Database search engine 446 may monitor for secondary liens associated with a client loan portfolio by querying one or more databases. Querying may occur according to a default or pre-selected frequency. In one embodiment, database search engine 446 may monitor the databases for any liens recorded subsequent to the most recent search. Examples of these databases are a transactions database 447, which may store information related to real estate sales or title transfer transactions; a property database 448, which may store information about real property such as liens and/or tax liability; and a credit report database 449, which may store credit related data for consumers (e.g., Equifax, Experian, TRW). The contents of a query to one of these databases may use key information retrievable from client loans updating module 445. A query may be presented to a records database 447, 448, 449 in such a way that the records database may return a secondary lien when key information (e.g., property address or borrower identification) or other standardized client loan information matches information associated with the secondary lien recorded in records database 447, 448, and 449. A records database may be queried in this manner according to a predetermined frequency, or periodically as specified by a client.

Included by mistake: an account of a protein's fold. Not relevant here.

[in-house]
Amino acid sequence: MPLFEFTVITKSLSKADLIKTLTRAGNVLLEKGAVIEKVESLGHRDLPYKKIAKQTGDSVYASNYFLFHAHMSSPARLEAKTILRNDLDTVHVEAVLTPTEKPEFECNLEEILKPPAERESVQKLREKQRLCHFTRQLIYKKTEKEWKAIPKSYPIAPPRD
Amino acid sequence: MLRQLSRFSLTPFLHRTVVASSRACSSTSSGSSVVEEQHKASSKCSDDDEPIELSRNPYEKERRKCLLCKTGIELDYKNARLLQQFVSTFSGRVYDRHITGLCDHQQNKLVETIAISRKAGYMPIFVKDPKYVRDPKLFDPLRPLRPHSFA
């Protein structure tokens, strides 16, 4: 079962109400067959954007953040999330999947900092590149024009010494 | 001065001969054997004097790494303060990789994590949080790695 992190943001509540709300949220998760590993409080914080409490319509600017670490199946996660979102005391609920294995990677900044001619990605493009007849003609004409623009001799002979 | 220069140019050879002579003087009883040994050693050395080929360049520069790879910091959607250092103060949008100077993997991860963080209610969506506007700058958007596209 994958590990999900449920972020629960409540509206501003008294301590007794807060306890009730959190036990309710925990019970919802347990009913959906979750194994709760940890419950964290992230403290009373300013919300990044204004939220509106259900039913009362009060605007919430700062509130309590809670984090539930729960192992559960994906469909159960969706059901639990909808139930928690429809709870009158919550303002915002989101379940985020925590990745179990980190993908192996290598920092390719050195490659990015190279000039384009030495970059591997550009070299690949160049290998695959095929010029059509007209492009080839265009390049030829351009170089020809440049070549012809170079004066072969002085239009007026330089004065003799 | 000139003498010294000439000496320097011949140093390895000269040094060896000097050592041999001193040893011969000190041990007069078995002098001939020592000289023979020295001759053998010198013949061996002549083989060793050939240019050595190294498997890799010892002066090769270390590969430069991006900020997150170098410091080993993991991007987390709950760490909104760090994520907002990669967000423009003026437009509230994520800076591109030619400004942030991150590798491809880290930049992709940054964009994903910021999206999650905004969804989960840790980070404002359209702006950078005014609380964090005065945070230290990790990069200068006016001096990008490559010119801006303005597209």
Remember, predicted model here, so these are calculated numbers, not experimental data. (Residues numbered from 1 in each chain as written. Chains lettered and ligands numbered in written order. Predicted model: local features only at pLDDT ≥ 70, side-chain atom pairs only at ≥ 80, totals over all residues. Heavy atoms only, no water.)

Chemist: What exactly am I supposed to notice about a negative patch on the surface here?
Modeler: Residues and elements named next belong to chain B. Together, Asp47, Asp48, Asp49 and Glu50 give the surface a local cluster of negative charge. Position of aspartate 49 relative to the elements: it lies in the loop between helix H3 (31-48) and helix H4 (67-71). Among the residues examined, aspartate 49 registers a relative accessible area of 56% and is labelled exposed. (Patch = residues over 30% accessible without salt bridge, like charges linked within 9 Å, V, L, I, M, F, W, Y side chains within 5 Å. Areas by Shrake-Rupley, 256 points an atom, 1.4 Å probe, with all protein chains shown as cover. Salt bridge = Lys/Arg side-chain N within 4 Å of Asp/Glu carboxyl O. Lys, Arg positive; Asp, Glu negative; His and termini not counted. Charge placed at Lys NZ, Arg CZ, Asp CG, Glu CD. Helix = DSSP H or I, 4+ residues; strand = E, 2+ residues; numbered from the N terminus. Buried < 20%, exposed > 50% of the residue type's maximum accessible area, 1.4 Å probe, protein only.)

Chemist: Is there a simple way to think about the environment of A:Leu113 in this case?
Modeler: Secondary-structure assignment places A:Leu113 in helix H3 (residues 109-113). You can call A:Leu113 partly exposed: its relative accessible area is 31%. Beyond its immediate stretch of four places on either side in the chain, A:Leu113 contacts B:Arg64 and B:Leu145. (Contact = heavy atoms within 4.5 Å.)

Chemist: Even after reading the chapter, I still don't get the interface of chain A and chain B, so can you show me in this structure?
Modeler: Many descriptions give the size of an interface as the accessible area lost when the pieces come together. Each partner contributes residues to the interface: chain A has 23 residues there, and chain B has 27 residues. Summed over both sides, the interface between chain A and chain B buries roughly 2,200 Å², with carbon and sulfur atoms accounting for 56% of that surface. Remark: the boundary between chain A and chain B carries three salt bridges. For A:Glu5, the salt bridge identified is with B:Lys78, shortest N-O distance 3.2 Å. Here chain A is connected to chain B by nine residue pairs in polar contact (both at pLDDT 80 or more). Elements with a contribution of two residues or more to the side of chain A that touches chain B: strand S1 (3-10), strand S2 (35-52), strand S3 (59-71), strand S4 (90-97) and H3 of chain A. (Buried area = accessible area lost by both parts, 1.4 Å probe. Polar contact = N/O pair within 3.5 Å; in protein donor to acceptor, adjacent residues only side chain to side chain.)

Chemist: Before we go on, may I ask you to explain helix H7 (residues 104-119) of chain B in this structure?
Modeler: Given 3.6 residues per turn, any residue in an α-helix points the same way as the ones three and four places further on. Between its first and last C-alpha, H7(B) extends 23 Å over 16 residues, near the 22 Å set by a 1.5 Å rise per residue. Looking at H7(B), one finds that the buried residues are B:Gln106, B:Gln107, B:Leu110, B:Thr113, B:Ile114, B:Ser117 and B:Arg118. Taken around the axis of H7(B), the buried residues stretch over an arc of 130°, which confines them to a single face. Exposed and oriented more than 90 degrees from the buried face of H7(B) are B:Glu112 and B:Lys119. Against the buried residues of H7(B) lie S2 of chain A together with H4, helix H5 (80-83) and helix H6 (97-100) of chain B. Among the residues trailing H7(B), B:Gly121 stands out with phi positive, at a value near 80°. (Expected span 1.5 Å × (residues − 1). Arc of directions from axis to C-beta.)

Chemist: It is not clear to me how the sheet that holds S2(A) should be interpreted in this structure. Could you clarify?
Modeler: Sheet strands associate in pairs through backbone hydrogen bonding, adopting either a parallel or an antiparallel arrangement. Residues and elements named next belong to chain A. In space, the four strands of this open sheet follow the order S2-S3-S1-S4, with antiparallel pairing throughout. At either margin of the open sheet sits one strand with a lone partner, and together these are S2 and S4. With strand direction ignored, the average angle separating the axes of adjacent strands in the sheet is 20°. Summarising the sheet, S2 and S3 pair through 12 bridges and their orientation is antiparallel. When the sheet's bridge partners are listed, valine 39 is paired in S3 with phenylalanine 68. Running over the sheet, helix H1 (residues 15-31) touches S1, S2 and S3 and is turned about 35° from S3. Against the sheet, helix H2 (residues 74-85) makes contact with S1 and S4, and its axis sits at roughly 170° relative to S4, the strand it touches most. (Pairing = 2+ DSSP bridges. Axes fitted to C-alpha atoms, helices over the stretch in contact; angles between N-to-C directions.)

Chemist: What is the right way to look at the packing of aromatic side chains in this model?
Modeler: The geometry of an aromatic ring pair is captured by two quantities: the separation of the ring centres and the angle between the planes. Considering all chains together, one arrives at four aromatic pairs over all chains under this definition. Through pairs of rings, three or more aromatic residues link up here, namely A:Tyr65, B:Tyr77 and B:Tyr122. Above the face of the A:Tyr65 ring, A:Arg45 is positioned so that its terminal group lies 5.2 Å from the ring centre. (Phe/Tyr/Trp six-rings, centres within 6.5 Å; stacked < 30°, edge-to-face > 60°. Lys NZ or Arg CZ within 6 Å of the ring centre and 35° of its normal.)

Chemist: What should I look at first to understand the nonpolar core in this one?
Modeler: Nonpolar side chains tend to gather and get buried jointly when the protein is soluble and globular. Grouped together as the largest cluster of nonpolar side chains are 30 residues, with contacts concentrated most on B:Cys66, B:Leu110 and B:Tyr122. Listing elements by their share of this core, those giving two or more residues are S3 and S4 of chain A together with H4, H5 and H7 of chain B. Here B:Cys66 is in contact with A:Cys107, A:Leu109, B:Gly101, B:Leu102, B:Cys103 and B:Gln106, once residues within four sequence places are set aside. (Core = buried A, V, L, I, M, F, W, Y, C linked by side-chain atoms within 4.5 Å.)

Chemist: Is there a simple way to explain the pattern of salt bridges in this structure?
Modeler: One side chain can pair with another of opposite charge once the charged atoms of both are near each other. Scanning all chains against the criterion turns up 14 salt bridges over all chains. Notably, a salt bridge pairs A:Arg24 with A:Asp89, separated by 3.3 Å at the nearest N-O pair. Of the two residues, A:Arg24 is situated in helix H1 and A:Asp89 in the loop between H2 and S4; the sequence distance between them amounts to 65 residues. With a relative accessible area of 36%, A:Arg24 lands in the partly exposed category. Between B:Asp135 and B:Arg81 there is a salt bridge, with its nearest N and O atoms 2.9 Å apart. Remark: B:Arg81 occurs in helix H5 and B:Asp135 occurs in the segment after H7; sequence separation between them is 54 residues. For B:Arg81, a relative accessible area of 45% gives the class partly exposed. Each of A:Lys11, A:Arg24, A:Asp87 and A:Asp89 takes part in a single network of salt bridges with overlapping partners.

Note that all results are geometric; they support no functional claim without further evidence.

While monitoring for secondary liens, whenever a secondary lien is detected that relates to a loan in a client loan portfolio, computer 441 may initiate notification of the secondary lien in the form of an electronic communication transmitted to the client over network link 460. FTP server software module 443 may be used to effect this communication. In addition, computer 441 may execute report generating module 452, which creates a secondary lien report listing the secondary liens detected in one or more records databases 447, 448, and 449. The secondary lien report may include information describing one or more secondary liens, the property or properties associated with the secondary liens, borrower identification, and other information associated with the property or borrowers. For example, an AVM may be computed using an AVM calculation module 450, and the AVM score may be included in the secondary lien report. Data used to compute the AVM may be obtained from one or more records databases 447, 448, and 449.